Local reverse mortgage lenders have seen some shuffling among their ranks.
As the financial crisis crippled some, others have become larger, with investors showing interest in startups.
Reverse lenders cater to seniors, lending money based on the equity borrowers have built up in their homes.
The loans are paid back once a home is sold or when a borrower dies or moves into assisted living.
Under government rules, only those 62 and older are permitted to take out reverse mortgages. Many borrowers use the cash to supplement Social Security payments or to offset losses in retirement investments.
Irvine-based Financial Freedom Senior Funding Corp., a unit of Pasadena’s Indymac Bancorp, used to dominate reverse mortgages.
IndyMac now goes by OneWest Bank after it failed last year and was bought by a group of private investors.
The company’s reverse mortgage unit, which once did about half of the sector’s lending, now goes by Financial Freedom Acquisition. It does about a third of the reverse mortgages it used to, according to John Lunde, a former employee who now runs Aliso Viejo-based Reverse Mortgage Insight, a market researcher.
Financial Freedom now ranks third in reverse mortgages, with about 2,300 loans made through July, according to Reverse Mortgage Insight.
San Francisco-based Wells Fargo & Co. holds the top spot with nearly 18% of the market. It made more than 12,000 loans through July, up 8% from a year earlier.
Wells calls California its fastest growing market. It has a dozen reverse mortgage specialists locally, with the unit’s headquarters in Des Moines, Iowa.
Charlotte, N.C.-based Bank of America Corp. is No. 2 in reverse mortgages after buying Calabasas-based Countrywide Financial and the reverse mortgage unit of Seattle Savings Bank in 2007.
After a slowdown amid the larger mortgage meltdown last year, reverse mortgages are growing this year thanks to rules set in place by Congress in January as part of the economic stimulus package.
The reverse mortgage loan limit was raised to $625,500 through the end of this year. It’s set to revert back to $417,000 next year unless Congress intervenes.
In Orange County, 1,017 reverse mortgages were made for the six months through July, up about 60% from the same period a year earlier.
Nationwide, reverse mortgages are flat at 68,724 loans, according to Lunde.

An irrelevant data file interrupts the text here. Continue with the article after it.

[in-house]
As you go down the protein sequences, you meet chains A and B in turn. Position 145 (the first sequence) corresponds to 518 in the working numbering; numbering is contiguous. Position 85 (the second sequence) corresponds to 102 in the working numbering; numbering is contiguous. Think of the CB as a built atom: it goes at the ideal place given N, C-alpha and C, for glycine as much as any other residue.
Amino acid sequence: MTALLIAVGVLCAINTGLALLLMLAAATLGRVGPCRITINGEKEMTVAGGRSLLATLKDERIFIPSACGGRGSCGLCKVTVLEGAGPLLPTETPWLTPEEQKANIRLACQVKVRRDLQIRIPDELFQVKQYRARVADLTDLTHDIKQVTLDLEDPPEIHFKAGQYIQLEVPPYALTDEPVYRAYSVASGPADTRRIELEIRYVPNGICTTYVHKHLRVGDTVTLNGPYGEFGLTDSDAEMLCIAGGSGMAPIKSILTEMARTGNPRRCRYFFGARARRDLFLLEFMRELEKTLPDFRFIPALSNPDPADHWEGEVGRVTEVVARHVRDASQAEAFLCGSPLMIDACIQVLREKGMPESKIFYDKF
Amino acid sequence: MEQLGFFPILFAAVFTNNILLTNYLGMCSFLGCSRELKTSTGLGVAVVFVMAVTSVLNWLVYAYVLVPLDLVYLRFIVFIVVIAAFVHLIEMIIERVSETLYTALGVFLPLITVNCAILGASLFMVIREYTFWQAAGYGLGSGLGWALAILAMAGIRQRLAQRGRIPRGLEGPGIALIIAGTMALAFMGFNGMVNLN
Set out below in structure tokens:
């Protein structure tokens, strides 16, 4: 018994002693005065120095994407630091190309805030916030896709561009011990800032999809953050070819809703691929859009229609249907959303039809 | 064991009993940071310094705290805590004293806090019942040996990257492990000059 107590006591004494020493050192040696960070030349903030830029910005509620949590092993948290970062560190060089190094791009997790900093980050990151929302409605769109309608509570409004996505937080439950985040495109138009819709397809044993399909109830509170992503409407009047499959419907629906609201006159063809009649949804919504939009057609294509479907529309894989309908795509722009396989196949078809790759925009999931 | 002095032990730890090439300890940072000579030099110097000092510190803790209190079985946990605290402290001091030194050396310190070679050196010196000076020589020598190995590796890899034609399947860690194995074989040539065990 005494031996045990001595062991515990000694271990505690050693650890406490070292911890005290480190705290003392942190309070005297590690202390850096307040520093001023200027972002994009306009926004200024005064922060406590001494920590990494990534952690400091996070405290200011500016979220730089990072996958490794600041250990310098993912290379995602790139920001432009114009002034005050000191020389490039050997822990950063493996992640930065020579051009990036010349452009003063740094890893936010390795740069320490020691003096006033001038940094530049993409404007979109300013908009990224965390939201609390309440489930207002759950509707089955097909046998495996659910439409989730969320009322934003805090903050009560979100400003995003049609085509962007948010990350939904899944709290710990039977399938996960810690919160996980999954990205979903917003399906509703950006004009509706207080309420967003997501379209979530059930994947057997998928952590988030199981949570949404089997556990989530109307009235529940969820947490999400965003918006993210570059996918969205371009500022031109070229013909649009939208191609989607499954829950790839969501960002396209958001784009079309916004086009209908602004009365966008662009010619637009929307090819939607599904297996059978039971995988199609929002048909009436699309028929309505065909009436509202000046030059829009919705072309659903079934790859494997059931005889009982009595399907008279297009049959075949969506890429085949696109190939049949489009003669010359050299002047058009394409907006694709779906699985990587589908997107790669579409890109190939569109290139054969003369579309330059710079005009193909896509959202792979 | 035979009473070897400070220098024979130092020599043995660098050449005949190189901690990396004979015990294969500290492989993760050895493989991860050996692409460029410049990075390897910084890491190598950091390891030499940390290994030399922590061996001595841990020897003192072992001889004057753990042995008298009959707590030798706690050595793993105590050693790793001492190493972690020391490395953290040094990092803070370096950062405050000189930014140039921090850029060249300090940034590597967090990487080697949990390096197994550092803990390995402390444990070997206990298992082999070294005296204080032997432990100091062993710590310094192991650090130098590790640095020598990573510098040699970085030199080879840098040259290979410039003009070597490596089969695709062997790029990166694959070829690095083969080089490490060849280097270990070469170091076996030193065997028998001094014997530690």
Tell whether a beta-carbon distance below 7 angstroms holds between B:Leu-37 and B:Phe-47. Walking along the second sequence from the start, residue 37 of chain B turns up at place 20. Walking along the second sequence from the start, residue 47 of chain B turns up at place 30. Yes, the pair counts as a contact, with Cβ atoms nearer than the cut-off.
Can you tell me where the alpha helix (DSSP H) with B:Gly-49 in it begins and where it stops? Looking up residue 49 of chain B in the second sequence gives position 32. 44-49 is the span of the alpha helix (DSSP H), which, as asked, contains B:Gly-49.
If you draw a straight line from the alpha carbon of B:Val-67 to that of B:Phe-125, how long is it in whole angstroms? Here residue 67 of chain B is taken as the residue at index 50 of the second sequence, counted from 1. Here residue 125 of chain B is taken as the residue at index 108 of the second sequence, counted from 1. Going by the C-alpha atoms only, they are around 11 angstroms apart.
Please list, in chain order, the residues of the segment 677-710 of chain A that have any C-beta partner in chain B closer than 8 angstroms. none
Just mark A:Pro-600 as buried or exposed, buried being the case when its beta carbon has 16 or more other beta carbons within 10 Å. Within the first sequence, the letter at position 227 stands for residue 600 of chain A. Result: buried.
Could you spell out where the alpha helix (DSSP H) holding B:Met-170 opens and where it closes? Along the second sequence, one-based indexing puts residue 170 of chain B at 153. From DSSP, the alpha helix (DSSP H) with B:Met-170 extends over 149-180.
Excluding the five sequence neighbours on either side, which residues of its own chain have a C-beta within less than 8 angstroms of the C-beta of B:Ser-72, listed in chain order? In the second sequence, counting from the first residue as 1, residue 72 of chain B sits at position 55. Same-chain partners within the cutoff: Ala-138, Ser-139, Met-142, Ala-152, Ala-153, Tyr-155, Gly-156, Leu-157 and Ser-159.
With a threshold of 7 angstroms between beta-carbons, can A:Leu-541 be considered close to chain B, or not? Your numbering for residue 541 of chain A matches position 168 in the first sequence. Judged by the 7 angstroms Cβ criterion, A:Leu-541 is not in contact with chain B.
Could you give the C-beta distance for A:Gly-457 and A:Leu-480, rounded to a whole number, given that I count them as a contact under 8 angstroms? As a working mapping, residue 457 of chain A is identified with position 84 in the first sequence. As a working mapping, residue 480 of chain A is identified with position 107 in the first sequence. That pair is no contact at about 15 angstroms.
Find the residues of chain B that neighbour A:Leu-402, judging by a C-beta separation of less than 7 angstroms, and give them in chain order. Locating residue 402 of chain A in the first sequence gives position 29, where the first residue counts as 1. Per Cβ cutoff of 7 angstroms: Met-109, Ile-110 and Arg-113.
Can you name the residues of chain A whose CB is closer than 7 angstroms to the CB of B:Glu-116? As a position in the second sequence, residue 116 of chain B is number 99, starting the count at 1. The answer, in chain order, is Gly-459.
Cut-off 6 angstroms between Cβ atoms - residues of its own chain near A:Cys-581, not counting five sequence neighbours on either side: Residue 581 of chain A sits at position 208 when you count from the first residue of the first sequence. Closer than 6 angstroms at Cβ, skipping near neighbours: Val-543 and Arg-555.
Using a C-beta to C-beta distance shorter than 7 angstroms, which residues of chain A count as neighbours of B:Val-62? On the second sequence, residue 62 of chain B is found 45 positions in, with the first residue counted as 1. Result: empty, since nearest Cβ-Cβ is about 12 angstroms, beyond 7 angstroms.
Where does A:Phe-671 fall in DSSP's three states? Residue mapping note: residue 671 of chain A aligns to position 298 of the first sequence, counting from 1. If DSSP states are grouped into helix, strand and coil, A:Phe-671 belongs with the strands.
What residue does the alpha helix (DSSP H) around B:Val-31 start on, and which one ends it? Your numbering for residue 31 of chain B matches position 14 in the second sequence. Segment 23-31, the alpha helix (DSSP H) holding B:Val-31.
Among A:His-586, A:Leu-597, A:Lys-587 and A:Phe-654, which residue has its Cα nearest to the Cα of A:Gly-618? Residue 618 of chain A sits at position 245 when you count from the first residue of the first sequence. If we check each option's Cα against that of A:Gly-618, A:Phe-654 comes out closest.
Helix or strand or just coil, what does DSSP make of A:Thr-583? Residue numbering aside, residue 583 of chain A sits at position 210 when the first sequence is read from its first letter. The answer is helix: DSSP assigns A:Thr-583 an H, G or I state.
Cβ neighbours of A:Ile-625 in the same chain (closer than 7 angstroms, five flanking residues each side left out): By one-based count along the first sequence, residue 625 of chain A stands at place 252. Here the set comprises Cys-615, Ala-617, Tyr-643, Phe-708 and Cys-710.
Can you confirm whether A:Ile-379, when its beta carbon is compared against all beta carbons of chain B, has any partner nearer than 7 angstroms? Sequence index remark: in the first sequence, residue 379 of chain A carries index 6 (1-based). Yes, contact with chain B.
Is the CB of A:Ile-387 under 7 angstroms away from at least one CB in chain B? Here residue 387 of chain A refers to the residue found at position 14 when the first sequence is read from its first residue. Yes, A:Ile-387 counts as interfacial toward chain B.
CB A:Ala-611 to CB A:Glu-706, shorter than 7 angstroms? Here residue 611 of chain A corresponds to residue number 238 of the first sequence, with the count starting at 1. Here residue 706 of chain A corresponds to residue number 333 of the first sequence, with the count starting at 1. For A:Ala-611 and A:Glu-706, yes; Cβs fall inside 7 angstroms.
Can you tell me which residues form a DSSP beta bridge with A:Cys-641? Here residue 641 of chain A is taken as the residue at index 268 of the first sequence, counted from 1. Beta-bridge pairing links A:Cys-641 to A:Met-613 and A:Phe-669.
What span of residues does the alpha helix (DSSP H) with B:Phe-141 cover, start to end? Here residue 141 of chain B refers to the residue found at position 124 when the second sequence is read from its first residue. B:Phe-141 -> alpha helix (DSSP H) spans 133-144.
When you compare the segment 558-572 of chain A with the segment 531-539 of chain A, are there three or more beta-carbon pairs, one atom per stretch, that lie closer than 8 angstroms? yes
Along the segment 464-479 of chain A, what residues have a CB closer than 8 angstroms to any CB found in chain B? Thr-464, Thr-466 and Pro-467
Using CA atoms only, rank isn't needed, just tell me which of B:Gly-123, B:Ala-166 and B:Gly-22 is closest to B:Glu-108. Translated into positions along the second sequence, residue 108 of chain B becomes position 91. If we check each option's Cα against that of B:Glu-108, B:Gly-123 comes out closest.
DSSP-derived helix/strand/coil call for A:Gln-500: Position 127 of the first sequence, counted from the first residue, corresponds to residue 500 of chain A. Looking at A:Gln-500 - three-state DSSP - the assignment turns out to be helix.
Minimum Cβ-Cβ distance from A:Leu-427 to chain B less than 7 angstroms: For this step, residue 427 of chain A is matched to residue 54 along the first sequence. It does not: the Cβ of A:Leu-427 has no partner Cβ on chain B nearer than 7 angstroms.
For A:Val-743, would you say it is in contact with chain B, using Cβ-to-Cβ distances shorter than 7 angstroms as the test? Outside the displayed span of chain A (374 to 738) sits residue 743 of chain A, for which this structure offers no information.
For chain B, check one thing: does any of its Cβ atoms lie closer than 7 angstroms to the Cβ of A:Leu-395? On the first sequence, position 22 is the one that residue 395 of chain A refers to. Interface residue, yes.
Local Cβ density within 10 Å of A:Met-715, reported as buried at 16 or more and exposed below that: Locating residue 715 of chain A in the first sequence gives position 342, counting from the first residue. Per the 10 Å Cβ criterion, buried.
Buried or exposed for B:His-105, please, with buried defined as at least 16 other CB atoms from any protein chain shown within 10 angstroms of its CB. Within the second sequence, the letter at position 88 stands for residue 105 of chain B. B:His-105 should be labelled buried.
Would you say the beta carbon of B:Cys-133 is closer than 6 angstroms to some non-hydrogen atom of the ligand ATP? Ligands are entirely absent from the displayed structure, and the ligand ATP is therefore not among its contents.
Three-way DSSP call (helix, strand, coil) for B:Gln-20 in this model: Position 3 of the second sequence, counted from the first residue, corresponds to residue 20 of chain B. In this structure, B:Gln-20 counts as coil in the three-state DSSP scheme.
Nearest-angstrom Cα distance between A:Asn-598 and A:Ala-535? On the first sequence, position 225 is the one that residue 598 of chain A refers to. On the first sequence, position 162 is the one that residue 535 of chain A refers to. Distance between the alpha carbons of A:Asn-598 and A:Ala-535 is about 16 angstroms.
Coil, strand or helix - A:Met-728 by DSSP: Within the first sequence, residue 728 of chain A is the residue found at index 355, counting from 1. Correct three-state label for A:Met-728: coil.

The number of reverse mortgages grew about 50% a year from 2002 through 2006. Then in 2007 they slowed to 20% growth. In 2008, they were up 6.5%.
While larger, corporate players dominate, some smaller companies have been ramping up.
Irvine-based American Advisors Group plans to start a national TV ad campaign in coming months, according to founder and President Reza Jahangrii.
It hopes to soon announce a celebrity spokesperson for the ads that will cost it about $300,000 a month.
A direct mailing campaign also is being launched. In all, American Advisors expects to be doing business in about 40 states.
In June, it received a $4 million investment from El Segundo-based private equity group Jam Equity Partners LLC.
“We saw a lot of growth potential with this market,” said Jahangrii.
He said he projects revenue of $15 million next year as American Advisors goes from doing 60 to 70 loans a month to 300 to 500. So far, it’s been growing at a 10% to 15% clip each month.
The company was started in 2004 but really didn’t get rolling until recently when it began hiring people to make loans.
This year it added about 50 people to its workforce of 80. It plans to hire another 40 before the end of the year, mostly in sales, marketing and administrative jobs.
Some of its recent hires were executives from other reverse mortgage companies. A handful of them have relocated to OC.
“People from New York were shocked at the financial talent in the labor pool here,” Jahangrii said.
There’s a surge of competition expected from new companies, he said.
There’s also more consolidation playing out.
In June, San Diego-based Security One Lending bought Mission Viejo-based Omni Reverse, which is said to be one of the largest reverse mortgage lenders in the country.
MetLife Inc.’s Metlife Bank is one of the fastest growing with its fixed-rate reverse mortgages, which have become popular in a market long dominated by adjustable-rate loans.
Most reverse mortgages are bought by Fannie Mae, a federally backed acquirer of mortgages. Ginnie Mae, another government-backed mortgage buyer, also acquires reverse mortgages, as do some banks.
Challenges for lenders include confusion about reverse mortgages and concerns lenders are out to take advantage of old people.
The drawback to the loans is that they can be costly.
The Federal Housing Authority charges an insurance premium of 2% per loan, which usually is the most expensive part of a reverse mortgage. Beyond that there are closing costs, appraisal fees and origination fees, like with any mortgage.
The FHA caps the origination fee at 2% for the first $200,000 and 1% after that. There’s an overall cap of $6,000.